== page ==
2. Limerick asked me, after seeing a selfie my mom took with Rondel when he was a baby, how she could take the picture and be in it at the same time. This was the result. Pretty much sums up how good life is with these crazy awesome kids 🙂
Limerick hugely smiling with his mouth open wide and his eyes shut tight, leaning on my shoulder.
Posted in family life

dealing with childhood anxiety

When a parent realizes their child is struggling with anxiety, there is most likely going to be both sadness and relief: because while no one wants someone they love to live with high levels of anxiety, knowledge is much more helpful than ignorance.

With young children who don’t have the vocabulary to express their feelings verbally, it can be difficult to correctly read their behavior to see through to the underlying anxiety. Maybe a child is just sensitive, or reserved, or organized – in moderation, those are all perfectly normal personality traits, after all, and can appear superficially similar to symptoms of anxiety. And a lot of parents just want their kids to be normal and healthy and happy, and don’t want to admit that something might be wrong. But if the anxiety is there and not seen, it can worsen until the symptoms spiral out of control, into extreme clinginess, or irrational aggression, or refusal to engage in everyday activities. (Here is a helpful list of potential signs of anxiety in very young children ).

With Limerick, I had concerns about potential anxiety issues from before he was two years old. He would notice when lightbulbs were blown (say, at a restaurant or at my parents’ house) and not be able to relax until they were fixed (so he’d have trouble eating if we were out, and would pester my dad about it until he replaced the broken bulb if we were at their house) – and that could just be a desire for things to be the way they ought to be, or it could be more. He always wanted me to sleep with him, and would act very scared if I were not there or if the room were too dark – which is fairly normal at two, but became less so as he grew. While Rondel and Aubade would want to go places, even if just to run errands, Limerick wanted to stay in the house – and I thought, maybe he is just a homebody and a quiet kid. But I knew enough to keep my eyes open, at least.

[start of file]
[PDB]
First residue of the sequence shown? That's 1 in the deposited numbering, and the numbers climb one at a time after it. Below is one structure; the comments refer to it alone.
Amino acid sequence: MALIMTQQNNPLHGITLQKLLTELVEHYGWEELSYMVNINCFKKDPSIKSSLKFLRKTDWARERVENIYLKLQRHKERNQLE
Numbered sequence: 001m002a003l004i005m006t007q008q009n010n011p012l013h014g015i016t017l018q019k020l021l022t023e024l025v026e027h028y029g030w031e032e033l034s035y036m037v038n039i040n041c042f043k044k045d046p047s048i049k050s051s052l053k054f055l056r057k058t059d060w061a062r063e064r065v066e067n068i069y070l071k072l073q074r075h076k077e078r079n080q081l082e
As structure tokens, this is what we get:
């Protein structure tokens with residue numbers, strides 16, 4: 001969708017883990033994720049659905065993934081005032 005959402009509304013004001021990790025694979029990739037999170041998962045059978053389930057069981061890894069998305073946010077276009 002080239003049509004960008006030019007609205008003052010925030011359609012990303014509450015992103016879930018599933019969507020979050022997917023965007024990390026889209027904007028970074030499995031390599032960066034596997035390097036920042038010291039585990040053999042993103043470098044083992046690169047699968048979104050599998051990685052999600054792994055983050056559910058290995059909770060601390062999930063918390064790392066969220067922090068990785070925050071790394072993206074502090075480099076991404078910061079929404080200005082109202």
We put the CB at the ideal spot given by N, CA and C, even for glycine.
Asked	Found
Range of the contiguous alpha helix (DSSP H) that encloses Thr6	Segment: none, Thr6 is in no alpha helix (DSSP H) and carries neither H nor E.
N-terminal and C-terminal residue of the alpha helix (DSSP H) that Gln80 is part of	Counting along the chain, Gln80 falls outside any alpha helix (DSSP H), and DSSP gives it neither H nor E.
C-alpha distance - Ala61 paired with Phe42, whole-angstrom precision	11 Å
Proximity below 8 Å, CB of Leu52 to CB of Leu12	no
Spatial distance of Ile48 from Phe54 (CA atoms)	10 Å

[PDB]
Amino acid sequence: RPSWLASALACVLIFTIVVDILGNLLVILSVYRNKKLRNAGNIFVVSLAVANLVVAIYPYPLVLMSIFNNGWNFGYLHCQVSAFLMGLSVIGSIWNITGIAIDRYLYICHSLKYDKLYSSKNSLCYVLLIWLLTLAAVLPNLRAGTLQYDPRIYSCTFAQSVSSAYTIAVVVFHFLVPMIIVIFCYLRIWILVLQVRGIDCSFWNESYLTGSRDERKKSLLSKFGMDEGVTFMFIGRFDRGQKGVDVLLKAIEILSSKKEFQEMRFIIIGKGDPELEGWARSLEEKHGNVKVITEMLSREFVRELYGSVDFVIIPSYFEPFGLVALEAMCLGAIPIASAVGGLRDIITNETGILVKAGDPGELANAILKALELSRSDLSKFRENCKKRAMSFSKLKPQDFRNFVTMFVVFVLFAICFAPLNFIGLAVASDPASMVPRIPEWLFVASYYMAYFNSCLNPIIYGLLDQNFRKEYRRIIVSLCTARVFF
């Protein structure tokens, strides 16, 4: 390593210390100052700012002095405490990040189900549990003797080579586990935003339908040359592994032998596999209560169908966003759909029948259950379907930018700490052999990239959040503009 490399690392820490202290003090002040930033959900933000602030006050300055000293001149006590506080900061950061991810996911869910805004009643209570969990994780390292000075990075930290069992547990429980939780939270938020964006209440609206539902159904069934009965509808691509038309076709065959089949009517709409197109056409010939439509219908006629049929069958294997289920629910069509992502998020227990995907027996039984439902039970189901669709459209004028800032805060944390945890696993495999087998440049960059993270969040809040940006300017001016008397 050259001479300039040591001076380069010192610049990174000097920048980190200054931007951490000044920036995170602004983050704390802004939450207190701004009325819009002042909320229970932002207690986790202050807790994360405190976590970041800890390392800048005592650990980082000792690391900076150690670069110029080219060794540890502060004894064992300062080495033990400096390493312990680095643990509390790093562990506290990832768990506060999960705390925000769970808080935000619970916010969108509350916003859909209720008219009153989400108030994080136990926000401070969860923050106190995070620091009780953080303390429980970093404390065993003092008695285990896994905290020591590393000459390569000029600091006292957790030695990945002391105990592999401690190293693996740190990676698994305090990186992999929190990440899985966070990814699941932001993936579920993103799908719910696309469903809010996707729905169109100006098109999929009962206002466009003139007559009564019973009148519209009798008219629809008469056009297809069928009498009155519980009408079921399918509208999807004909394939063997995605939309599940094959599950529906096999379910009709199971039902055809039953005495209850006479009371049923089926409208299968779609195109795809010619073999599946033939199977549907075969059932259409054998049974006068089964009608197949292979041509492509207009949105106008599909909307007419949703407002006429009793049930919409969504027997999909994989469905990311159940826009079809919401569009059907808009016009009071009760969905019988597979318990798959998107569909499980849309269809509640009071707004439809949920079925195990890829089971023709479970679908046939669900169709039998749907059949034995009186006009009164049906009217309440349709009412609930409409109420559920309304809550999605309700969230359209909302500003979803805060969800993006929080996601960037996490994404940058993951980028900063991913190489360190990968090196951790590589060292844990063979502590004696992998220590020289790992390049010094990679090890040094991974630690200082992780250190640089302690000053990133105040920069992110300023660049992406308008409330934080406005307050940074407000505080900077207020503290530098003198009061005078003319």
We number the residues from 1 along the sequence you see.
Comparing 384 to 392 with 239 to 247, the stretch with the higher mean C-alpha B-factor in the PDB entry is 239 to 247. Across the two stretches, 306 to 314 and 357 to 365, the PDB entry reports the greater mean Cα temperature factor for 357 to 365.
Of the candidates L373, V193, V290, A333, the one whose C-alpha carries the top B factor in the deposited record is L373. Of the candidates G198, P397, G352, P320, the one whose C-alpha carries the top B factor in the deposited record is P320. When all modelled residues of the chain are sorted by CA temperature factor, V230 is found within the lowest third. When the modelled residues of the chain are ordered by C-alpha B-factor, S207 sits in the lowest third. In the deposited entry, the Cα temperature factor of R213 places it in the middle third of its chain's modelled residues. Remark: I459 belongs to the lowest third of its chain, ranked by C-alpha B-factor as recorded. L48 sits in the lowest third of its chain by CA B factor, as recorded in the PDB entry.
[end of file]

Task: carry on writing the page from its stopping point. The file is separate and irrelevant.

And then recently Limerick started struggling in class at church, needing help to stay focused and calm (tracing numbers on a sensory pillow helped, but he would tell the teachers he just wanted me). At home, I noticed in increase in angry and aggressive behavior: angry words, threatening gestures, and actual scratching, kicking, and even biting – and Limerick was never a biter, even as a baby. Talking to him about anger didn’t help the way it has helped Rondel, and I gradually realized that his problem didn’t lie in controlling anger, but in controlling anxiety. His brain, for whatever reason, felt threatened and unsafe, and he reacted with out-of-control aggressive behavior that looked angry from the outside.

Now that I realize what’s actually going on, I have a lot more hope that I’ll be able to help Limerick, both to reduce the behavior and to help him stabilize and calm down internally. It’s already started to be helpful, actually, just in the past few days, to have a more accurate perspective and a different toolbox of strategies to try 🙂 When Rondel or Aubade get angry or want to state their opinions, they get loud, and Limerick reacts quickly and violently, so I’ve been stepping in right away, telling Limerick that he’s safe, giving him words to use to talk through the interaction, and coaching his siblings on how they can help defuse the situation as well (mostly be speaking more quietly, and by shutting up long enough to hear what Limerick is trying to say to them). When we needed to go to the grocery store and Limerick was starting to get physical with his refusal, I took some time to talk with him and found out that the store is pretty overstimulating for him (noise, bright light, undefined length of time, etc.), and I let him bring the iPad so he could focus on his current special interest (the Solar System!) when things felt overwhelming. It was the most peaceful errand we’d had in a while.

I found this website to be quite helpful with regards to anxiety-reducing strategies – it’s where I got the idea to use his love for the Solar System to help counteract the anxiety caused by the grocery store, actually! I appreciate that it has multiple ideas, since it can be unhelpful to be too dependent on a single coping mechanism and since some strategies are not ideal for certain situations.

I’m not surprised that at least one of my children has anxiety to the point that it interferes with their everyday life – it’s a pretty common thing in my family. But I am hopeful that by identifying it so early in Limerick’s life, we can help make sure that the neural pathways to address, calm, and stabilize are just as tightly woven into his brain as the pathway of anxiety. It’s much harder to rewire those networks after years of traveling down them in every tense or emotional moment, when you don’t realize the anxiety is there until after you’ve spent your whole childhood being controlled by it. Limerick doesn’t have to take that road, because his anxiety is no longer a hidden or ignored reality, but a present issue that he can learn to cope with in healthy ways from the beginning.